Exploiting the random allocation of asylum seekers to different locations in Germany, we study the impact of native attitudes, proxied by voting behaviors, on refugees’ integration. We find that in municipalities with more voting for the right-wing Alternative for Germany (AfD) political party, refugees have worse social integration. These impacts are largest for groups targeted by AfD campaigns. Refugees are also more likely to suffer from harassment and right-wing attacks in areas with greater AfD support. Positive interactions with locals are also less likely and negative opinions about immigration spillover to supporters of other parties in these areas. On the other hand, stronger support for pro-immigrant parties enhances social integration. 

Note:  Effect of AfD vote shares in municipalities on the economic and social integration index of refugees.

Media Coverage: in the Oekonomenstimme

Presented at:  RGS Doctoral Conference in Economics (February 2022),  Paris School of Economics Migration Summer School (July 2021),  BENA Labor Economics Worksop (December 2020)

Working Papers

Job Market Paper:

Starting off on the Right Foot – Language Learning Classes and the Educational Success of Immigrant Children (with Lisa Sofie Höckel) Revise and Resubmit at The Economic Journal

Download on: Google Drive 

Discussion Paper: Ruhr Economic Papers 983

This study is the first empirical analysis to identify the causal effect of a separate preparatory language learning class on the academic success of newly immigrated primary school-aged children in comparison to their direct integration into regular classrooms. Employing unique administrative panel data from the German federal state Hamburg between 2013 and 2019, we use the quasi-random allocation of refugee children to neighborhoods and, therewith, schools to measure the effect of the two educational integration models on standardized test scores and the probability of attending an academic track in secondary school.

Our results show that primary school-aged refugees who visit a preparatory class perform significantly worse in standardized test scores in fifth grade. The negative effect is particularly strong for Math and German. They further have a slightly lower probability to attend the academic track. Overall, our results indicate that integrating newly immigrated children directly into regular classrooms fosters their academic achievement more than schooling them first in preparatory classes with a focus on language learning.

Test restuls
Note: Standardized Test Scores in 5th grade for students who visited a preparatory language learning class compared to those that are directly integrated in the regular classroom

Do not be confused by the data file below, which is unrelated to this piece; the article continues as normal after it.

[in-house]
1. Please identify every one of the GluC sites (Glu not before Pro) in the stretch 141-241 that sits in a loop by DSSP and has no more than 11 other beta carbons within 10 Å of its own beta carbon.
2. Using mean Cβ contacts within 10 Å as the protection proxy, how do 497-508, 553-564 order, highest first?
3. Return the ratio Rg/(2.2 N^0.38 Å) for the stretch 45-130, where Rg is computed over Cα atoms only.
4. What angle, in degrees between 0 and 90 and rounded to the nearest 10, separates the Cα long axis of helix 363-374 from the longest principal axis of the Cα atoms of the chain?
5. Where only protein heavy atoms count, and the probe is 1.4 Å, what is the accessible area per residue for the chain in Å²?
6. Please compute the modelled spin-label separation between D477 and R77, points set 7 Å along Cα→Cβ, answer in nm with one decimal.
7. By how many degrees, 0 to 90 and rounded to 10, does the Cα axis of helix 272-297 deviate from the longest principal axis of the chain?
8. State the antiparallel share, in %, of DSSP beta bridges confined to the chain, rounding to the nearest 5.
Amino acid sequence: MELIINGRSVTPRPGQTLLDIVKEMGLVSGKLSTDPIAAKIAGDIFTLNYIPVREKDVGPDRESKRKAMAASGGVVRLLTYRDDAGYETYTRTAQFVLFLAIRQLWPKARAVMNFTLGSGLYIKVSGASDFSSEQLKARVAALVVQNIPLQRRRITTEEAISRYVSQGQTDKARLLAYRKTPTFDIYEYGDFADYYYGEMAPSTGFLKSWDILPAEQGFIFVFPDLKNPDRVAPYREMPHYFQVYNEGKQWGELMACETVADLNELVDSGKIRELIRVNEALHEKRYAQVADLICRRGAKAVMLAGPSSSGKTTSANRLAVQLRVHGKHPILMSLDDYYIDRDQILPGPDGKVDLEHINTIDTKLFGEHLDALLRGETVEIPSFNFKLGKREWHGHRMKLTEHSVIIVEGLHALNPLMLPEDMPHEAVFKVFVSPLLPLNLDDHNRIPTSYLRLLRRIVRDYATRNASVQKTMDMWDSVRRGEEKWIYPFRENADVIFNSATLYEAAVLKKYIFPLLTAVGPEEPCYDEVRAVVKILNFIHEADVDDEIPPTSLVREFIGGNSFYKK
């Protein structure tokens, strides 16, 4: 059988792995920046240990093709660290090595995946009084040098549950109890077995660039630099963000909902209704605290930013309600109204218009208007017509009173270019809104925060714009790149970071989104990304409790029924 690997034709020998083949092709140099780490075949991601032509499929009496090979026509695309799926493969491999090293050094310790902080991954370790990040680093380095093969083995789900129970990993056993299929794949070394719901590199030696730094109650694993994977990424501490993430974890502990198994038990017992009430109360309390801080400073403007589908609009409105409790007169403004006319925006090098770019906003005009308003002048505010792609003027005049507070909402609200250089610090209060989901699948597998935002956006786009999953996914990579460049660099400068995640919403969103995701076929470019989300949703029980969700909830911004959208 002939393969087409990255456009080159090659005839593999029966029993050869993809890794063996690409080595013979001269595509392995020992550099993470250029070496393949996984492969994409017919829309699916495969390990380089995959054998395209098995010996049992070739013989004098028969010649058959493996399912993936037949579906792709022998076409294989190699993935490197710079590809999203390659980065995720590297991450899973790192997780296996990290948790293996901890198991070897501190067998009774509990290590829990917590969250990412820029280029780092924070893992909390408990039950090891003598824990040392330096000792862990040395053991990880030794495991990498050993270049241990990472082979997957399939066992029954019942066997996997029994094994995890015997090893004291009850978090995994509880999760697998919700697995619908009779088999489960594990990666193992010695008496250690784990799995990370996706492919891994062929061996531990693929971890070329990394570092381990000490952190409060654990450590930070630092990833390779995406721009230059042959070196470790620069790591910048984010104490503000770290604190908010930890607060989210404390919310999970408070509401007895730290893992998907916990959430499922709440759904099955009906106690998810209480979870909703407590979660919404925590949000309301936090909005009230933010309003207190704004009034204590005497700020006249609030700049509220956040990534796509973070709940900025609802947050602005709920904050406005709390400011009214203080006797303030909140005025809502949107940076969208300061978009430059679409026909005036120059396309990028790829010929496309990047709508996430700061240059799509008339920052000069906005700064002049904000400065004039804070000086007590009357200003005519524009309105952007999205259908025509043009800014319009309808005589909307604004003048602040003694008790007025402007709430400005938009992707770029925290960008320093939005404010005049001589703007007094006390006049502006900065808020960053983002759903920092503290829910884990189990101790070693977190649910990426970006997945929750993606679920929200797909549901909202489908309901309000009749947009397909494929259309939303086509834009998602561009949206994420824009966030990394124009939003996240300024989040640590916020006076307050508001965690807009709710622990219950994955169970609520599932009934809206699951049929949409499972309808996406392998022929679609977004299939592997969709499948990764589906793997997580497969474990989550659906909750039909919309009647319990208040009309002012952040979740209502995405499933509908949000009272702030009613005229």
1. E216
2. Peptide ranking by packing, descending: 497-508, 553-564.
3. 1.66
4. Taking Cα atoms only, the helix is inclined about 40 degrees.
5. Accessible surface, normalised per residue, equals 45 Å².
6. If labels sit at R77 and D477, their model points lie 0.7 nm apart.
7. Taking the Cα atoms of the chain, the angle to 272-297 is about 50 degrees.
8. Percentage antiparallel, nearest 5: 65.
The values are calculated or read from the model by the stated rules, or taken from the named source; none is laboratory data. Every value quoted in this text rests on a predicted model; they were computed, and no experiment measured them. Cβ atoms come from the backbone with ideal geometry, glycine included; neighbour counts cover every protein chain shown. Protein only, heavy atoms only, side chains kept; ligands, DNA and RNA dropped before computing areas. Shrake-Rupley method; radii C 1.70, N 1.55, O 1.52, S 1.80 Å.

Media CoverageWorld Bank Development Impact Blog Post

Süddeutsche Zeitung (please email me if you don't have access and would like to read the article)

    RWI Press Release

Presented at:  CESifo / ifo Junior Workshop on the Economics of Education (April 2023), AlpPop (January 2023), SEA 92nd Annual Meeting (November 2022),  Economics of migration junior seminar (October 2022), Stratification Workshop Princeton (October 2022), 7th IZA Workshop on the Economics of Education (September 2022),  EALE 2022 (September 2022),  EEA 2022 (August 2022),  CEMIR Junior Economist Workshop on Migration Research (July 2022),  23rd IZA Summer School in Labor Economics in Buch am Ammersee (May, 2022), First joint Workshop of Applied Macro and Microeconomics in Bolzano (December 2021)

Work in Progress

What do you Want to become? Career Aspiration and School Performance. Evidence from a Randomized Field Experiment (with Federico Maggio)

AEA Registry: link

We all overemphasize the present, teenagers even more so, as potential benefits of studying and investing in education seem distant and uncertain. Our project examines the impact of a two-phase randomized intervention designed to help teenagers be more forward-looking on their career aspirations and academic performance. We will evaluate the impact of the intervention by comparing the change in knowledge about the future, motivation, and educational performance in the treated classes to that in the control group, before and after the intervention through surveys conducted in schools. 

Presented at:  UPF Student Seminar (October 2021)

Lost in Translation. Information Frictions in School Track Choice - Evidence from a Randomized Field Experiment (with Friederike Hertweck & Lisa Sofie Höckel

In this study, we will analyze whether linguistic barriers and a lack of knowledge about the German school system hinders immigrant parents from making an informed decision about their children’s school track. As part of a randomized control trial in North Rhine-Westphalia, parents of fourth-graders are provided a (multilingual) mobile application containing useful information for making an informed decision for their child's secondary school. Three versions of the App will be randomly assigned to elementary schools.

Presented at:  CSWEP Mentoring Workshop (September 2022)